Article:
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Cube of Zoroaster

Cube of Zoroaster

Cube-of-Zoroaster

Ka’ba-ye Zartosht (Cube of Zoroaster) is the name of a stone quadrangular and stepped structure in the Naqsh-e Rustam compound beside Zangiabad village in Marvdasht County in Fars, Iran. The Naqsh-e Rustam compound incorporates memorials of the Elamites, the Achaemenids and the Sassanians in itself in addition to the mentioned structure. The name Ka’ba-ye Zartosht probably dates to the 14th century, when many pre-Islamic sites were identified with figures and events of the Qur’ān or the Shāhnāme. The structure is not actually a Zoroastrian shrine, nor are there reports of it ever having been a pilgrimage site. The name does not indicate that it was a shrine of the Zoroastrians, and there are no reports about pilgrimages to it. The Kaʿba was illustrated in the works of 17th-century Western travelers who visited Naqš-e Rostam, such as J. Chardin, C. De Bruin, and E. Kaempfer; they entered its single room, which was easily accessible, since the structure lay half buried in rubble. The Kaʿba was systematically described in Erich F. Schmidt’s excavation report.

fars-province

The Ka’ba-ye Zartosht is from the mountain, situated exactly opposite Darius II’s mausoleum. It is rectangular and has only one entrance door. The material of the structure is white limestone. Its entrance door leads to the chamber inside via a thirty-stair stone stairway. The stone pieces are rectangular and are simply placed on top of each other, without the use of mortar; they are connected to each other by dovetail joints. The structure was built in the Achaemenid era and there is no information of the name of the structure in that era. It was called Bon-Khanak in the Sassanian era.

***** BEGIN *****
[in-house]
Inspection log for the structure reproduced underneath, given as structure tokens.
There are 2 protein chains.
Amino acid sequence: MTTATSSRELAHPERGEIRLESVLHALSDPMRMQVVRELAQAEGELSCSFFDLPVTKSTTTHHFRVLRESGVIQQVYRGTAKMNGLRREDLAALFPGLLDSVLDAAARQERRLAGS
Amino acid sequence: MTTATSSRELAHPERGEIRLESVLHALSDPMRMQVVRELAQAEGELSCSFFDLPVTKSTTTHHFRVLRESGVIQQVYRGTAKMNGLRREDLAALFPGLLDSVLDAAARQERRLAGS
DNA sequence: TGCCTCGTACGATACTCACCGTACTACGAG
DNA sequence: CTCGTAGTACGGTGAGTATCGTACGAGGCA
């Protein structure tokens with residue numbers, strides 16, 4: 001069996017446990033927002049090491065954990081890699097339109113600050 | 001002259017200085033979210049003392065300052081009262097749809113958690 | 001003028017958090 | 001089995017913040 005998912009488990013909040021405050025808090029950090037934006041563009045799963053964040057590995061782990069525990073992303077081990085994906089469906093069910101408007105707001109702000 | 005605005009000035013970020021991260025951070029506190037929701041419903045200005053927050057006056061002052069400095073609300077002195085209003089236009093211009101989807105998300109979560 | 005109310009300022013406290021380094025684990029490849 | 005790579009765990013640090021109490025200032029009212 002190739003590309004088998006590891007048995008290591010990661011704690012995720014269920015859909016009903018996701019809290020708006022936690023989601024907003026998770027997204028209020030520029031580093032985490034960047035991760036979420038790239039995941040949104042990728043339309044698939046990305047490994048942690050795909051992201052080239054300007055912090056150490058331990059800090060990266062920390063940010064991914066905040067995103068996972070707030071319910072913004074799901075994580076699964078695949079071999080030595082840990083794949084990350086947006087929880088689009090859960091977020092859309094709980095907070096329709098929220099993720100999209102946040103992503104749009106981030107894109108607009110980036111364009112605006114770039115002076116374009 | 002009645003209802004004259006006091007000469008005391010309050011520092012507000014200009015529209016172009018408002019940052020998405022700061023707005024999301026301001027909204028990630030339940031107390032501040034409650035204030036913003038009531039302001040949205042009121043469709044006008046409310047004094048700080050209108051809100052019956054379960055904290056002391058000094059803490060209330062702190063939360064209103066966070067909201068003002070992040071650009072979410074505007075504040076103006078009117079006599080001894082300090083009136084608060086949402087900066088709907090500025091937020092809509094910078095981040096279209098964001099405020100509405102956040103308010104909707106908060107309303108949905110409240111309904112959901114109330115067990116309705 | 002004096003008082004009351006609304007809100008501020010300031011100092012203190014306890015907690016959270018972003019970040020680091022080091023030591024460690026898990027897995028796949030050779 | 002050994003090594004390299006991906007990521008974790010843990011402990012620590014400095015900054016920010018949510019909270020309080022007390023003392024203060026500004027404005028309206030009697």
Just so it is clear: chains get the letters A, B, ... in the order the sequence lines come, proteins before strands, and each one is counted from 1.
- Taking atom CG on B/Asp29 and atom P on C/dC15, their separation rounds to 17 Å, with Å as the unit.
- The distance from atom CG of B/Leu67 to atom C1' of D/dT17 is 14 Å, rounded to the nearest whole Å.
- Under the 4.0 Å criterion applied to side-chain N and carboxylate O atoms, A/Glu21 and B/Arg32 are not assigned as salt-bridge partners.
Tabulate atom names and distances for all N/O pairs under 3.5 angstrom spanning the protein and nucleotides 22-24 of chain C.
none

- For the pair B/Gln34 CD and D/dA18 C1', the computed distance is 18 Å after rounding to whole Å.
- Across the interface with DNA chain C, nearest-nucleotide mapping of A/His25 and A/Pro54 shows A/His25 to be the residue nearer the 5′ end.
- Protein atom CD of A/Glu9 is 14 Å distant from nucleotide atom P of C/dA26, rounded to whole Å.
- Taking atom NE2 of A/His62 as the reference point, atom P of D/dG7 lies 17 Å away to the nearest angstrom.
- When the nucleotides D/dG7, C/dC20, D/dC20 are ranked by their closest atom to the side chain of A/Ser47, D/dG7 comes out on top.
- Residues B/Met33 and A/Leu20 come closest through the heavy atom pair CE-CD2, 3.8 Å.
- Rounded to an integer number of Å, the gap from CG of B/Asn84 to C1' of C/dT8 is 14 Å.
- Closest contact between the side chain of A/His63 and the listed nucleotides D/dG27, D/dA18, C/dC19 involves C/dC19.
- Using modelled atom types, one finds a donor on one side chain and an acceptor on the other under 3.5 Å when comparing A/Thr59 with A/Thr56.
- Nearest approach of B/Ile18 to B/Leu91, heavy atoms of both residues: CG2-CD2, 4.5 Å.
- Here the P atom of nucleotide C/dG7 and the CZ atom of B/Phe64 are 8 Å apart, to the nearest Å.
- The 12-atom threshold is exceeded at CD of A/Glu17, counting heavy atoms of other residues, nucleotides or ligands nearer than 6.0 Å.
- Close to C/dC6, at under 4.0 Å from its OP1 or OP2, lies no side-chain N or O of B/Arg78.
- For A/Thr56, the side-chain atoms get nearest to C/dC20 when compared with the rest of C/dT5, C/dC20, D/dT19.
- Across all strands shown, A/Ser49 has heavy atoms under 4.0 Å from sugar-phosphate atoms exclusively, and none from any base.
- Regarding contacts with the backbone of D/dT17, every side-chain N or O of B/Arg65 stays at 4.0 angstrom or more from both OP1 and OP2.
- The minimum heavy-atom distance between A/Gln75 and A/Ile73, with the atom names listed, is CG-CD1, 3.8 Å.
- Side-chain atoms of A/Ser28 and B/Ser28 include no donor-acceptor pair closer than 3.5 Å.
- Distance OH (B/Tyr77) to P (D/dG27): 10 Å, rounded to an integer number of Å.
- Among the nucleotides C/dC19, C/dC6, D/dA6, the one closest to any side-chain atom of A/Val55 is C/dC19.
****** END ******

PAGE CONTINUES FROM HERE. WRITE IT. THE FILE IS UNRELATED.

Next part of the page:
The square tower is constructed of white limestone blocks that – unlike those of the sister building – are held in place by iron cramps. Mortar was not used in its construction. Each side of the building is 7.25 m wide. The 12.5 m high structure has a slightly pyramidal roof and stands on a 1.5 m high three-stepped plinth. Each face of the building is decorated with slightly recessed false windows of black limestone. The structure has one square inner chamber, 5.70 m high and 3.70 m wide, access to which is through a doorway with a decorated lintel in the upper half of the tower. The chamber once accessible by a flight of steps, only the lower half of which has survived. The 1.70 m wide and 1.90 m high door was of solid stone that was originally firmly closed but has since disappeared.

Ka'ba-ye-Zartosht

Various views and interpretations have been proposed about the application of the chamber, but none of them could be accepted with certainty: some consider the tower a fire temple and a fireplace, and believe that it was used for igniting and worshiping the holy fire, while another group rejects this view and considers it the mausoleum of one of the Achaemenid shahs or grandees, due to its similarity to the Tomb of Cyrus and some mausoleums of Lycia and Caria. Some other Iranian scholars believe the stone chamber to be a structure for the safekeeping of royal documents and holy or religious books; however, the chamber of Ka’ba-ye Zartosht is too small for this purpose. Other less noticed theories, such as its being a temple for the goddess Anahita or a solar calendar, have also been mentioned.

کعبه-زرتشت

The Kaʿba is oriented toward the north, facing the rock face of the Ḥosayn Kuh. It is on the west side of the Naqš-e Rostam site, near the westernmost of the four Achaemenid royal tombs cut into the cliff (the one attributed to Darius II). It stands within a sacred precinct, surrounded by a Sasanian wall of possibly the 3rd century CE, which Herzfeld uncovered in 1933. Three inscriptions have been written in the three languages Sassanian Middle Persian, Arsacid Middle Persian and Greek on the Northern, Southern and Eastern walls of the tower, in the Sassanian era. One of them belongs to Shapur I the Sassanian, and the other to the priest Kartir. According to Walter Henning, “These inscriptions are the most important historical documents from the Sassanian era.” The Ka’ba-ye Zartosht is a beautiful structure: its proportions, lines and external beauty are based on well-executed architectural principles.

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